A short trip - Council not liable for plaintiff’s injury after a fall while running

09 April 2024

The plaintiff was running along a footpath and allegedly tripped over a raised paver. The Court found in favour of the Council, having determined that the plaintiff tripped over a tree root, which the Council was not required to maintain. The Court also determined that the Council could rely upon the defence available to it under section 45 of the Civil Liability Act 2002 (NSW), and that it was otherwise not negligent.

In issue

  • Whether the plaintiff fell because he tripped over a raised paver or an adjacent tree root;
  • Otherwise, whether the Council could rely upon a defence under section 45 of the Civil Liability Act 2002 (NSW); and
  • Whether the Council was negligent.

The background

On 18 July 2019, the plaintiff went for a run when he was confronted with an oncoming cyclist who was travelling on the footpath. The plaintiff said that when he moved to avoid the cyclist, his right foot tripped on a raised paver, causing him to fall to the ground, and sustained an injury to his right leg.

The plaintiff commenced proceedings in the NSW District Court against the Council of the City of Sydney (the Council), which was the relevant authority that had the care and control of the subject footpath. He claimed that the Council was negligent as it failed to warn of the danger and failed to repair the raised paver.

The decision at trial

His Honour Judge Weber SC presided over the trial.

The cause of the plaintiff’s fall was a serious issue in contention during the trial. The debate centred on whether he tripped over the paver, or an adjacent tree root to the right of the paver. Whilst the plaintiff claimed that he tripped on the raised paver with his right leg, he conceded that this was a reconstruction of what occurred, rather than his actual recollection.

Accordingly, the Court was left to speculate as to how the plaintiff fell. Given the plaintiff’s more consistent evidence that he moved to the right in order to avoid the cyclist, the Court inferred that his right foot would have been in closer proximity to the tree root, and that this was the cause of the fall rather than the raised paver. The Court was therefore not satisfied, on the balance of probabilities, that the plaintiff tripped over the paver, and concluded that his claim failed at its first evidentiary hurdle.

Whilst this conclusion rendered it unnecessary for the Court to consider the other aspects of the proceedings, it nonetheless went on to consider the application of section 45 under the Civil Liability Act 2002 (NSW) (the CLA) and whether the Council was otherwise negligent.

The Council submitted that as a road authority, it was protected under section 45 of the CLA. The purpose of that section is to limit the liability of road authorities for liability arising from omissions, unless the Council possessed 'actual knowledge of the particular risks the materialisation of which resulted in the harm'.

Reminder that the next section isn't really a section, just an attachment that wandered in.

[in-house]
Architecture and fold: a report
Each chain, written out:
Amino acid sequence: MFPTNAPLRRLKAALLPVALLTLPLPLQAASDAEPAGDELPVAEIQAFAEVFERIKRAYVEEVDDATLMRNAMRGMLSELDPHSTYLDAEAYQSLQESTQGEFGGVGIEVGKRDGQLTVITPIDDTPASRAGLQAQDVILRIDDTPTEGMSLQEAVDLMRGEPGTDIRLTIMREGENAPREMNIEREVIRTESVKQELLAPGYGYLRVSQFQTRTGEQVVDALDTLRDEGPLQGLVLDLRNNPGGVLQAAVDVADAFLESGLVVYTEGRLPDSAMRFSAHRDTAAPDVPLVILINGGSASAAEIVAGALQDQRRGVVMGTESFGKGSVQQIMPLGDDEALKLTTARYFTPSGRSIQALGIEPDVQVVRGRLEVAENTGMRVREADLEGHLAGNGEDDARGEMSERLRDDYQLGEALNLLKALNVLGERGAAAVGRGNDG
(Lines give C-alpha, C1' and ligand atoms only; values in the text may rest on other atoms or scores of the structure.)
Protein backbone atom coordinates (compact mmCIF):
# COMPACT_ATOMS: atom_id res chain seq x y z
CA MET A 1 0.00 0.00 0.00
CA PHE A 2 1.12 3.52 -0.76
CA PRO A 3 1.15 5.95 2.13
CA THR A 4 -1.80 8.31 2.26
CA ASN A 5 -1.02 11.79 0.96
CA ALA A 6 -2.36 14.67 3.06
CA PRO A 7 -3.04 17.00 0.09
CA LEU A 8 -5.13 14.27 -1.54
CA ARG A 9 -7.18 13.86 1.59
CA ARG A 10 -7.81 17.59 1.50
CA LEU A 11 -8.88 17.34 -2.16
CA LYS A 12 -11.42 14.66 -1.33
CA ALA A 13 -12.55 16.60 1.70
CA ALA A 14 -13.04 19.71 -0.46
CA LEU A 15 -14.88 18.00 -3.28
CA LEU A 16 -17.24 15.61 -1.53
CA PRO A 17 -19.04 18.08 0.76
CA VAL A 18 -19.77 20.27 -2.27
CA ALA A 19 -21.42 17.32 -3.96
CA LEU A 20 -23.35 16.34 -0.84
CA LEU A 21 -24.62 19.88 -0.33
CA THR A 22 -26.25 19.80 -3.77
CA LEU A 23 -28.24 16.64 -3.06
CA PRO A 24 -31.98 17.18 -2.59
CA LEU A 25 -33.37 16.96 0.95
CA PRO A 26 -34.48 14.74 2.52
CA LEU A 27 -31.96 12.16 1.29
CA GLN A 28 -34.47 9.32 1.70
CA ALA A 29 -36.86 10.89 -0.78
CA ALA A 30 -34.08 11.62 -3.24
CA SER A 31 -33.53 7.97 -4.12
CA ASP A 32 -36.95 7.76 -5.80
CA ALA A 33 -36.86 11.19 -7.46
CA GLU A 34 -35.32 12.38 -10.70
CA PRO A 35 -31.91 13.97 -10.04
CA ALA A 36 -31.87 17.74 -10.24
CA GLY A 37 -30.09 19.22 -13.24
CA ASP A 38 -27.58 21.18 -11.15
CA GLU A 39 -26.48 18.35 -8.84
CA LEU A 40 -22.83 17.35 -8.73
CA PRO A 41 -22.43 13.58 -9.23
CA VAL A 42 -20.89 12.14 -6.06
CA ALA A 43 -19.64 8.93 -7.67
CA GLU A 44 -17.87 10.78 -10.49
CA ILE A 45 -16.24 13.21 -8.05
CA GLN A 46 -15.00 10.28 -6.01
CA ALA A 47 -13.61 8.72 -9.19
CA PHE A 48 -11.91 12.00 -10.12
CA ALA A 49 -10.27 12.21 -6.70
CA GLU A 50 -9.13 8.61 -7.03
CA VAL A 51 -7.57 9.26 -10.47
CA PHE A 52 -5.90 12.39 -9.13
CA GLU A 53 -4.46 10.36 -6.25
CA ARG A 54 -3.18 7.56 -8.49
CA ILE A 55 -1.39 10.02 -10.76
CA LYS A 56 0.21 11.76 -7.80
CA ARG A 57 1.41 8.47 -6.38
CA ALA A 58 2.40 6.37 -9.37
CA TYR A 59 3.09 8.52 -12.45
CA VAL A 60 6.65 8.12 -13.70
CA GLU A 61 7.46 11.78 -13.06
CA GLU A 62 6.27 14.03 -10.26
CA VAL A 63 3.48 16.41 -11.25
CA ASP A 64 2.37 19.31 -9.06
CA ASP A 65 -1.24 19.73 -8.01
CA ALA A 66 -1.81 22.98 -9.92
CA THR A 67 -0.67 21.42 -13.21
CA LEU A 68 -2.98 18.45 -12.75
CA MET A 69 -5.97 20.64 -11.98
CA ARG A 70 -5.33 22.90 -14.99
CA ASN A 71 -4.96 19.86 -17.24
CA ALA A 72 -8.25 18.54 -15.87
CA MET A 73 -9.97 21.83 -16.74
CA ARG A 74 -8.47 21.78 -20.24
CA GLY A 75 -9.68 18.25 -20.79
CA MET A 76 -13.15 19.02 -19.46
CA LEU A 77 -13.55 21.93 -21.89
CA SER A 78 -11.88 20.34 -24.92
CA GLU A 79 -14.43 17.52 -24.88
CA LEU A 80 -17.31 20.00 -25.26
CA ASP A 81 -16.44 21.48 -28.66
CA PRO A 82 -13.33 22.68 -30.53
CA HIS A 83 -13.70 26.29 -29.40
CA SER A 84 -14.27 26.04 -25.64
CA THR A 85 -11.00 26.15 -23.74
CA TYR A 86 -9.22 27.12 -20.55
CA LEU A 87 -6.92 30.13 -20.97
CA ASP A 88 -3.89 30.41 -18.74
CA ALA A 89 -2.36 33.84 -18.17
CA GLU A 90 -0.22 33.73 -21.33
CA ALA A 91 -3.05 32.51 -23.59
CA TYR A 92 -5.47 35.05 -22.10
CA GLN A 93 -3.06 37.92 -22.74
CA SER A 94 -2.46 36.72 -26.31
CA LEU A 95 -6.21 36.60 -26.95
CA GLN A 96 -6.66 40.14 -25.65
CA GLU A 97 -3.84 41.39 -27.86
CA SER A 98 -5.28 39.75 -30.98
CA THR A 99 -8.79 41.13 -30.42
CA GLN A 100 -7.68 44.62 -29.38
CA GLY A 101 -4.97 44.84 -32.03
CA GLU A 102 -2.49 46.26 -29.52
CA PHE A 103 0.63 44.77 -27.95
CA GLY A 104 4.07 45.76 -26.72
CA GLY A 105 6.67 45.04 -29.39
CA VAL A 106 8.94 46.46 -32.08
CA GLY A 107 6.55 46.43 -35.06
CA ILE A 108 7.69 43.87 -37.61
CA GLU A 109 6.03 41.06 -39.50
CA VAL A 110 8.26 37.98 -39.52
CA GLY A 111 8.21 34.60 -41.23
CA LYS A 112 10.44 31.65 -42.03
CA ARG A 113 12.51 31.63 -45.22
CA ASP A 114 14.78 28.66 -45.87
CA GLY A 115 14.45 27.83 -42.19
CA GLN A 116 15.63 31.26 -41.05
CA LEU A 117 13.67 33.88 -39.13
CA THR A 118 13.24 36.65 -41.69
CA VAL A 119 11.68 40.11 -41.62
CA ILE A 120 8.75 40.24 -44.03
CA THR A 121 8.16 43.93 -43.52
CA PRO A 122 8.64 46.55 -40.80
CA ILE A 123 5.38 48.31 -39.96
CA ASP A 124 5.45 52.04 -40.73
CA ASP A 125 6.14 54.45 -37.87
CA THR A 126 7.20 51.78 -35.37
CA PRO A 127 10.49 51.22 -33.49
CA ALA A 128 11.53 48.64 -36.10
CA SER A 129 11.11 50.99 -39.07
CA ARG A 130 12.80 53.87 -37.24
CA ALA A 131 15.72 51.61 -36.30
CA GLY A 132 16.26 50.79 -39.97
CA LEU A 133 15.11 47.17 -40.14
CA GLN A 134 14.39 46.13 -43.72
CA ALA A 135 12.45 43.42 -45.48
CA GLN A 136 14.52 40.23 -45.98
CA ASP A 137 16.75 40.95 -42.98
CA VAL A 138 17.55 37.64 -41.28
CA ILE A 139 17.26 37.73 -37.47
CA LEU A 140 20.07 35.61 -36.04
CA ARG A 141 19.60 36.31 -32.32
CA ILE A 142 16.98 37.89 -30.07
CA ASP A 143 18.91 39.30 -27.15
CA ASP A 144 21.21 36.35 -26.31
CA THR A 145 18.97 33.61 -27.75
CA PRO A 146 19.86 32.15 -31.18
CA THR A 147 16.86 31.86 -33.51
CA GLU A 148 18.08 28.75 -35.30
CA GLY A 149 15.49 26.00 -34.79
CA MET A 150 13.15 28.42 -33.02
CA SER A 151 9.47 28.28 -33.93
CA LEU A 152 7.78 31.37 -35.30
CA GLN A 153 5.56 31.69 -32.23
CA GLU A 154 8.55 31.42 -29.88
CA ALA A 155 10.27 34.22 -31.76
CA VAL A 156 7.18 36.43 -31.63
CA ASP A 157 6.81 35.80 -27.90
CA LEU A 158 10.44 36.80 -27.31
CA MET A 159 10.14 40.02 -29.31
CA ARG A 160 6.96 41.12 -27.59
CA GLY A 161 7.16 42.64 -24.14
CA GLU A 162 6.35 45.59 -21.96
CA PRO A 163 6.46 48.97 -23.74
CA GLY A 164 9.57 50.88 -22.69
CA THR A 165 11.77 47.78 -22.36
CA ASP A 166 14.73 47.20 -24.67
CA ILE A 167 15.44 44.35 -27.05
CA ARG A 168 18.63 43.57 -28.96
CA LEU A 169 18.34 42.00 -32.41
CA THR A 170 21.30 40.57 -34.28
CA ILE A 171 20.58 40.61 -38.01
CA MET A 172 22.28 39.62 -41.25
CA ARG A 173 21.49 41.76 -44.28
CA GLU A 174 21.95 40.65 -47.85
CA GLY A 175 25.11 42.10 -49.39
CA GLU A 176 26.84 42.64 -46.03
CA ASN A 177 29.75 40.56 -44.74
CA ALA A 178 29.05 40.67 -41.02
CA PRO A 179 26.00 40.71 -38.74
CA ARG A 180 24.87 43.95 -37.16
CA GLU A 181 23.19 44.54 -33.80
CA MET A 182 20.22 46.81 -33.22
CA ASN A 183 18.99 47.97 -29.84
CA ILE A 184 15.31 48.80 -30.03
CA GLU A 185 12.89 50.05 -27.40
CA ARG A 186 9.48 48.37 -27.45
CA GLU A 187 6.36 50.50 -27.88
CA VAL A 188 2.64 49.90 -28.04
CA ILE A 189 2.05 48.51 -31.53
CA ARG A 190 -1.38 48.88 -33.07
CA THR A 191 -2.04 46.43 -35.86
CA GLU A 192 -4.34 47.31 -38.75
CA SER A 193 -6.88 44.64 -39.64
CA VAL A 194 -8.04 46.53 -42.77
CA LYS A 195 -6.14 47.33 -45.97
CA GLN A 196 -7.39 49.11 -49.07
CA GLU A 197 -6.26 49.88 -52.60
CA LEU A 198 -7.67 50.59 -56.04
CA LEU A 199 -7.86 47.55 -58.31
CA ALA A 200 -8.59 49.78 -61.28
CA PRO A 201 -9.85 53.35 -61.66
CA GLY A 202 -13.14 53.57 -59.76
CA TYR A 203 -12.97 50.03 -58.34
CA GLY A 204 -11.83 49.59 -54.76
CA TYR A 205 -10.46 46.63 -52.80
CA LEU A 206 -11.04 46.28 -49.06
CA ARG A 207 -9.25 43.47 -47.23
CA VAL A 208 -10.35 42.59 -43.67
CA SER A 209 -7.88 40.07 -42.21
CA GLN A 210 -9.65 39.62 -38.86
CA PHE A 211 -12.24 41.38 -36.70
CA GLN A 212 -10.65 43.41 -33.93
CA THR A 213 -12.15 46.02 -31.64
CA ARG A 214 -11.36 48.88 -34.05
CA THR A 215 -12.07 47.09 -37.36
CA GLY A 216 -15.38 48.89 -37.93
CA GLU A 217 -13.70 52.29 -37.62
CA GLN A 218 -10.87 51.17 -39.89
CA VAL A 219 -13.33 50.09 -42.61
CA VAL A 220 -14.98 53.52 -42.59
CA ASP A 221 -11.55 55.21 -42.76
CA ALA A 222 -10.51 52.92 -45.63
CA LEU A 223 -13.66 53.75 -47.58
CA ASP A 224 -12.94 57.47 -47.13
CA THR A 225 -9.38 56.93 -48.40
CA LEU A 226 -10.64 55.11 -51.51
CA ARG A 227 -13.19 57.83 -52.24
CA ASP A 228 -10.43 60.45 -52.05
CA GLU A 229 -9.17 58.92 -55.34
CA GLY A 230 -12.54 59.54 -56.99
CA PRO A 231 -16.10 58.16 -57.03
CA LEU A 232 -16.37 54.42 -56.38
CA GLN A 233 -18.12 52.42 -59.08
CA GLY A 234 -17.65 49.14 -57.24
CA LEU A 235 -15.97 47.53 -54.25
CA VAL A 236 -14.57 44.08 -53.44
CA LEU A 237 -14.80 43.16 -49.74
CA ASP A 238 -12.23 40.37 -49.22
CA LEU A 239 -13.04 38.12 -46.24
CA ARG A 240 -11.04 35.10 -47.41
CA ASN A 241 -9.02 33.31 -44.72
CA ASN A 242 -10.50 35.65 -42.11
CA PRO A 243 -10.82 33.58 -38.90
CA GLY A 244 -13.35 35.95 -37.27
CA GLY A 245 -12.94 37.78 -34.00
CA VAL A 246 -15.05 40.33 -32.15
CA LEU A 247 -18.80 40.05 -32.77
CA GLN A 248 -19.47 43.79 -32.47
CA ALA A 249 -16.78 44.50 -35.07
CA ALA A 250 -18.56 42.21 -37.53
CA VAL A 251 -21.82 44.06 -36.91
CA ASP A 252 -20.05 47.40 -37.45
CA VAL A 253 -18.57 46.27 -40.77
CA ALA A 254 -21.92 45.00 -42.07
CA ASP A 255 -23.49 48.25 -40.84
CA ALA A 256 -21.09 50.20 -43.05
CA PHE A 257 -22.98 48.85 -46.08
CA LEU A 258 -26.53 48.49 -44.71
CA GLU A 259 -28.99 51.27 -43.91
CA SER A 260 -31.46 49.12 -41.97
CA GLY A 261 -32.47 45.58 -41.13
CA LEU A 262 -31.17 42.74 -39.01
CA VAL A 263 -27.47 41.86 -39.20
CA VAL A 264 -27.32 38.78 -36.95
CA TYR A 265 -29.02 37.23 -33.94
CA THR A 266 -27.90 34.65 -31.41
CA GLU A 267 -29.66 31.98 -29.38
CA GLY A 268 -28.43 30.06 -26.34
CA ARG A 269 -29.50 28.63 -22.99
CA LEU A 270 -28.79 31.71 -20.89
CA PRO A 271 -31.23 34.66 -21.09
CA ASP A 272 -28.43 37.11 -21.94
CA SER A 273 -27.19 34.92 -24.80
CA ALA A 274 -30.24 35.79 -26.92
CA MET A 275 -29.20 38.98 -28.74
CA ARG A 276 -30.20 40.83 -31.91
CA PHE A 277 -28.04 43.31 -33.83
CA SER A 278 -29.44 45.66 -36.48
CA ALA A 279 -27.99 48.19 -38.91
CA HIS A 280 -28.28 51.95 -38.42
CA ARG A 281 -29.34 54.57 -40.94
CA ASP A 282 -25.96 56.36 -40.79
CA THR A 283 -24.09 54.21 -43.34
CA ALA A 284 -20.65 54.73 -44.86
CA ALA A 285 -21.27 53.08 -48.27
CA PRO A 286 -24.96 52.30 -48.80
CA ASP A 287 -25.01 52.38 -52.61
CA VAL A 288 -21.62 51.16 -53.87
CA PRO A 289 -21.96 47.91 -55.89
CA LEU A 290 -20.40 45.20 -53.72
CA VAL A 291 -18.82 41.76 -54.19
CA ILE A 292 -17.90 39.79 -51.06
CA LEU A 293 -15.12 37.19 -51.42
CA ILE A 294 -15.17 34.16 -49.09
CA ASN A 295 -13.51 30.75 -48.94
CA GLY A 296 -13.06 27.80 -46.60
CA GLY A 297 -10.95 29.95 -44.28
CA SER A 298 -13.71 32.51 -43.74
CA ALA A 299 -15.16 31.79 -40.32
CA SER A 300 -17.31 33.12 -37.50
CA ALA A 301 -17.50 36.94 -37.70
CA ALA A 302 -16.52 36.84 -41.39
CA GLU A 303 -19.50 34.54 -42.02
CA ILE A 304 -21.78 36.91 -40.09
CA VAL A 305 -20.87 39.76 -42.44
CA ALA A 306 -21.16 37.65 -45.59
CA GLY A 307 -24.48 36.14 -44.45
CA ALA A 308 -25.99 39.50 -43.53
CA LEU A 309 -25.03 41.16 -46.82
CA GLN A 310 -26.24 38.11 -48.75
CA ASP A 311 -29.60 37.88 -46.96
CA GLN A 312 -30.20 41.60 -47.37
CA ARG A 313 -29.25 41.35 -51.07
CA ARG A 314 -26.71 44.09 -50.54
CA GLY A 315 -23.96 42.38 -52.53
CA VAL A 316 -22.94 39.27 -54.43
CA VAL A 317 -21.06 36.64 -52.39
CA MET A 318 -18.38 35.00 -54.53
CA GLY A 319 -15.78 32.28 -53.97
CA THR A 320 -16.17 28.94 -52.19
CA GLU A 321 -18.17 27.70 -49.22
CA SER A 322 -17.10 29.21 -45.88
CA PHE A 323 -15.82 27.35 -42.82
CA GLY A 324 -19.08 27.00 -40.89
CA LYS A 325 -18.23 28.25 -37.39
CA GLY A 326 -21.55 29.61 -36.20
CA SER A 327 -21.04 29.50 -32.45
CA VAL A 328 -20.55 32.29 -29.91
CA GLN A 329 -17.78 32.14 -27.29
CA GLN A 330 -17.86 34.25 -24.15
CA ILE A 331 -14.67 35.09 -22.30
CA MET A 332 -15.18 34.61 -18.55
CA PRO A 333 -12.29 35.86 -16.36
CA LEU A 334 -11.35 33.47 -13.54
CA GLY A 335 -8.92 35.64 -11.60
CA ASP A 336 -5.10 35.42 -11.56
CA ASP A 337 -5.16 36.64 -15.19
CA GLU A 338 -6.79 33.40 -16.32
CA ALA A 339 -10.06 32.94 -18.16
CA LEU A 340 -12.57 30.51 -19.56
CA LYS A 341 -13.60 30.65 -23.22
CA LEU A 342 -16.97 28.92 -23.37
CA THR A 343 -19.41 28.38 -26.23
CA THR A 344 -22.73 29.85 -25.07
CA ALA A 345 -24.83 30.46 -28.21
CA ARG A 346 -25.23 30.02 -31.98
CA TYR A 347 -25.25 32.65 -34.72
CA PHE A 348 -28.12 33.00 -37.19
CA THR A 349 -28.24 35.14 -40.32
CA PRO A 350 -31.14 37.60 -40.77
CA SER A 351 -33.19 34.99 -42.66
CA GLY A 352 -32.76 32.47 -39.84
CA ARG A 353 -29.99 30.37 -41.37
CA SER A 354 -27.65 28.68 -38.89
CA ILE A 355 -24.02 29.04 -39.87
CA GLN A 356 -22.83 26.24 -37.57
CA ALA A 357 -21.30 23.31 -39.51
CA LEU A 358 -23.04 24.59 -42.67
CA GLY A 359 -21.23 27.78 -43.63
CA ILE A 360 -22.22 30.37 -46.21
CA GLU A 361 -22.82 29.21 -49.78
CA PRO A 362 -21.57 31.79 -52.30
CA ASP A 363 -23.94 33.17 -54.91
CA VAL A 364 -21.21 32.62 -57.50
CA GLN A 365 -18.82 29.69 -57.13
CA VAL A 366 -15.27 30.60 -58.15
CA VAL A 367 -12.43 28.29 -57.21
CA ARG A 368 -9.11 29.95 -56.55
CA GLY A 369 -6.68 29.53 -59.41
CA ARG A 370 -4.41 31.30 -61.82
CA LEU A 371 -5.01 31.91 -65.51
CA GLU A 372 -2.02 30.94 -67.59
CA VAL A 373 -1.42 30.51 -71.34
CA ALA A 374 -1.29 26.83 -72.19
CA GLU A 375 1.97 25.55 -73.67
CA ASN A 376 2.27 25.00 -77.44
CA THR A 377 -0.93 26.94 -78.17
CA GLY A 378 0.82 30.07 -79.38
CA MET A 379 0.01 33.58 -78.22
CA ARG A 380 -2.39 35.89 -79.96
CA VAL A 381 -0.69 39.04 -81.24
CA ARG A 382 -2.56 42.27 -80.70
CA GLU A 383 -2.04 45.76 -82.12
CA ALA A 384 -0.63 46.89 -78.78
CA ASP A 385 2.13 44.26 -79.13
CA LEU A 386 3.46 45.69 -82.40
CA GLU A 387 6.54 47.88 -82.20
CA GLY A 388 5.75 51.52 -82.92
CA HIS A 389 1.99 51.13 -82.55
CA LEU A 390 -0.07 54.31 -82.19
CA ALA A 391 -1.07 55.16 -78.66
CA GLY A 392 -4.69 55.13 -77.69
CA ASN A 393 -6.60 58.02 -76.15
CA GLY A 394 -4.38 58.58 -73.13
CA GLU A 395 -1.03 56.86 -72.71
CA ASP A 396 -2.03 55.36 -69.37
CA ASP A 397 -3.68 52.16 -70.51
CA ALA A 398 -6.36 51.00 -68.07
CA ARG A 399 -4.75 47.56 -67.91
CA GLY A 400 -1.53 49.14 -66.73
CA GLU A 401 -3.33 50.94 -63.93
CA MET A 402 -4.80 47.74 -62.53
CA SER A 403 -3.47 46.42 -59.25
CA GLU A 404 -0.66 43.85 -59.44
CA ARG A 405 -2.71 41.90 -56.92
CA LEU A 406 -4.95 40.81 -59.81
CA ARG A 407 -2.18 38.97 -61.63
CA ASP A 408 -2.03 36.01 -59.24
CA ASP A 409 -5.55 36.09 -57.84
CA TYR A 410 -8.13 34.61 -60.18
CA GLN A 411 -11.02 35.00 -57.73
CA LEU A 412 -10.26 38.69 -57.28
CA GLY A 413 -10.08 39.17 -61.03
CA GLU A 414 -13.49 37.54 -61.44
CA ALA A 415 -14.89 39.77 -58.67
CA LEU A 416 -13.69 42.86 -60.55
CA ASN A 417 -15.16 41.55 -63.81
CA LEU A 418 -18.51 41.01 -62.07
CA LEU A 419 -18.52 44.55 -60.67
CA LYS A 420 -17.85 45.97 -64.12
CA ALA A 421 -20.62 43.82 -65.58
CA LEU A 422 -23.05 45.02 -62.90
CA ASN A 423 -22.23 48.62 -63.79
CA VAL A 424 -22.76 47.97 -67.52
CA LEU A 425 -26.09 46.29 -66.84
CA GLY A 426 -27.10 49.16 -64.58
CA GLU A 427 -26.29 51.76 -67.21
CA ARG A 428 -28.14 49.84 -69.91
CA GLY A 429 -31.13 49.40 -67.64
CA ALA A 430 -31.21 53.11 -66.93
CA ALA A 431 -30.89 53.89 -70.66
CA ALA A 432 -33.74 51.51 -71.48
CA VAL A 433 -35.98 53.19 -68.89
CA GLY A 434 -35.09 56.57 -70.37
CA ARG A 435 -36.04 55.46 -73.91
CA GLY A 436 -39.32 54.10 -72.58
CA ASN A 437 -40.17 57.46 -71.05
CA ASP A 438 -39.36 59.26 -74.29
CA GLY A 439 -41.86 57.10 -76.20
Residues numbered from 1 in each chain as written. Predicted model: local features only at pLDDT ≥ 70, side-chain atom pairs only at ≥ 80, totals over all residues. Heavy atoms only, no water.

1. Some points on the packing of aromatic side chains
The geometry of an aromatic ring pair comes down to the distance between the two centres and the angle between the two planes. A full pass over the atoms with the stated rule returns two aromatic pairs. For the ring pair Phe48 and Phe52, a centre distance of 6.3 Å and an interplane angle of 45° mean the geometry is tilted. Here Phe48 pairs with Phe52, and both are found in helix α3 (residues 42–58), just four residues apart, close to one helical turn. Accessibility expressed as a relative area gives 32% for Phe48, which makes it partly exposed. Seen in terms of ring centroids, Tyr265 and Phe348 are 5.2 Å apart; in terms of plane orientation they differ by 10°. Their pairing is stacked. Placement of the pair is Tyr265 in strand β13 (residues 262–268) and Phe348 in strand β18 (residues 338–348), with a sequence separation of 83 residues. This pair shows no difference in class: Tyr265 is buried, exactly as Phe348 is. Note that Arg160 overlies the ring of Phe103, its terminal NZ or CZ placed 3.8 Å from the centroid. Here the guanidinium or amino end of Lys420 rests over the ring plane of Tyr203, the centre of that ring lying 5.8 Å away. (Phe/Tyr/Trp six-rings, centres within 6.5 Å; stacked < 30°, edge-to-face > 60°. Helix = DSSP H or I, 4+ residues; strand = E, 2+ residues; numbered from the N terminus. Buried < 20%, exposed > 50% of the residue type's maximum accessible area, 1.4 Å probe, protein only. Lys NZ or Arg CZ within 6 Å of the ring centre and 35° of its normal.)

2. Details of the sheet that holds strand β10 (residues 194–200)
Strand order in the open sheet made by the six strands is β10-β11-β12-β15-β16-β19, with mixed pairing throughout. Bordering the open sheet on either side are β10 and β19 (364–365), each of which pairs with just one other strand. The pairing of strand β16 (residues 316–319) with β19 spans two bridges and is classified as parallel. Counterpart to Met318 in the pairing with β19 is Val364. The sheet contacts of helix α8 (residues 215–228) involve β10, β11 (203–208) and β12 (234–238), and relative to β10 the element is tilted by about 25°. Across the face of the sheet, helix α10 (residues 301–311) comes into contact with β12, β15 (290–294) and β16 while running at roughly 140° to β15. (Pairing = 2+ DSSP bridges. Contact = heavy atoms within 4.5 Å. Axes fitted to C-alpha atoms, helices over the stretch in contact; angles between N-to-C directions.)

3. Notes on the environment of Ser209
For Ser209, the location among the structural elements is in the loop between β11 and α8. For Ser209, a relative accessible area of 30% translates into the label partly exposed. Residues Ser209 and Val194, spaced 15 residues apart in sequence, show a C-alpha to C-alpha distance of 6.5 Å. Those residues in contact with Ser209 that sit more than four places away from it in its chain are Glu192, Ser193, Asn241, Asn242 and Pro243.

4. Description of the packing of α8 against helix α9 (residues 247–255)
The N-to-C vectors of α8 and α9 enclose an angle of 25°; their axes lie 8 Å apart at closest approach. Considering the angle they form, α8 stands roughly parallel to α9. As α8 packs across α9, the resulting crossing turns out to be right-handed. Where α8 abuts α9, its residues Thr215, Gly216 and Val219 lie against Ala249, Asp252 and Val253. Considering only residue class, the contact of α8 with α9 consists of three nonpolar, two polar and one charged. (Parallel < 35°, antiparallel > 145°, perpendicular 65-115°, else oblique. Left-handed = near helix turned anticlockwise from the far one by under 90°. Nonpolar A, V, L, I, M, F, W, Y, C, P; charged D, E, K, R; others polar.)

The plaintiff’s case was that the Council had actual knowledge of and was aware of the raised paver and had been so aware from as early as May 2018, but despite this, the Council had failed to rectify the raised paver. However, the Council tendered evidence which demonstrated that it had rectified the paver, and there was no identified ‘particular risk’ which remained. As a result, the Court found that the Council could rely upon the defence under section 45 of the CLA, and that the plaintiff’s case would fail on that basis also.

The Court also considered whether the Council could be found liable to the plaintiff in negligence. His Honour accepted that the raised paver was obvious to a reasonable person such as the plaintiff, but further added that the Council’s 'failure to warn' of the raised paver (as claimed by the plaintiff) did not give rise to liability.

His Honour agreed with the Council’s submission that in accordance with section 5B(1) of the CLA the risk of harm, being the risk of a pedestrian injuring oneself by tripping on the paver height difference of about 25mm or even 50mm, was not foreseeable and not significant.

The Court further agreed with the Council’s submission that was no legal obligation to mark or repair the difference in paver heights because it was an obvious risk of a kind which was not concealed, was open to view by pedestrians, and did not constitute a ‘trap’.1 Also, the plaintiff was unable to prove that the Council’s failure to repair or warn of such a slight difference in paver height was so unreasonable that no reasonable road authority would have failed to take either of those steps.

In light of its findings, the Court entered judgment in favour of the Council.

Implications for you

This decision demonstrates the well-accepted principle that all cases are to be decided on the facts and circumstances of the particular case, especially in relation to public liability claims. The decision also underscores the importance of paying critical attention to a plaintiff’s recounting of how an incident occurred, and whether that recounting is a reconstruction or actual recollection.

This case illustrates how authorities in control of roads, pavers, and land do not have to warn pedestrians of risks which are obvious to the reasonable person, as every reasonable person should understand that 'not all footpaths are perfectly level. Many footpaths are unpaved. People are regularly required to walk on uneven surfaces on both public and private land'.2 Thus, a failure by a person to take due care for their own safety, will not automatically qualify as negligence of another party.

Lee v The Council of the City of Sydney [2024] NSWDC 69

1 Brodie v Singleton Shire Council 206 CLR 512.
2 Ibid.

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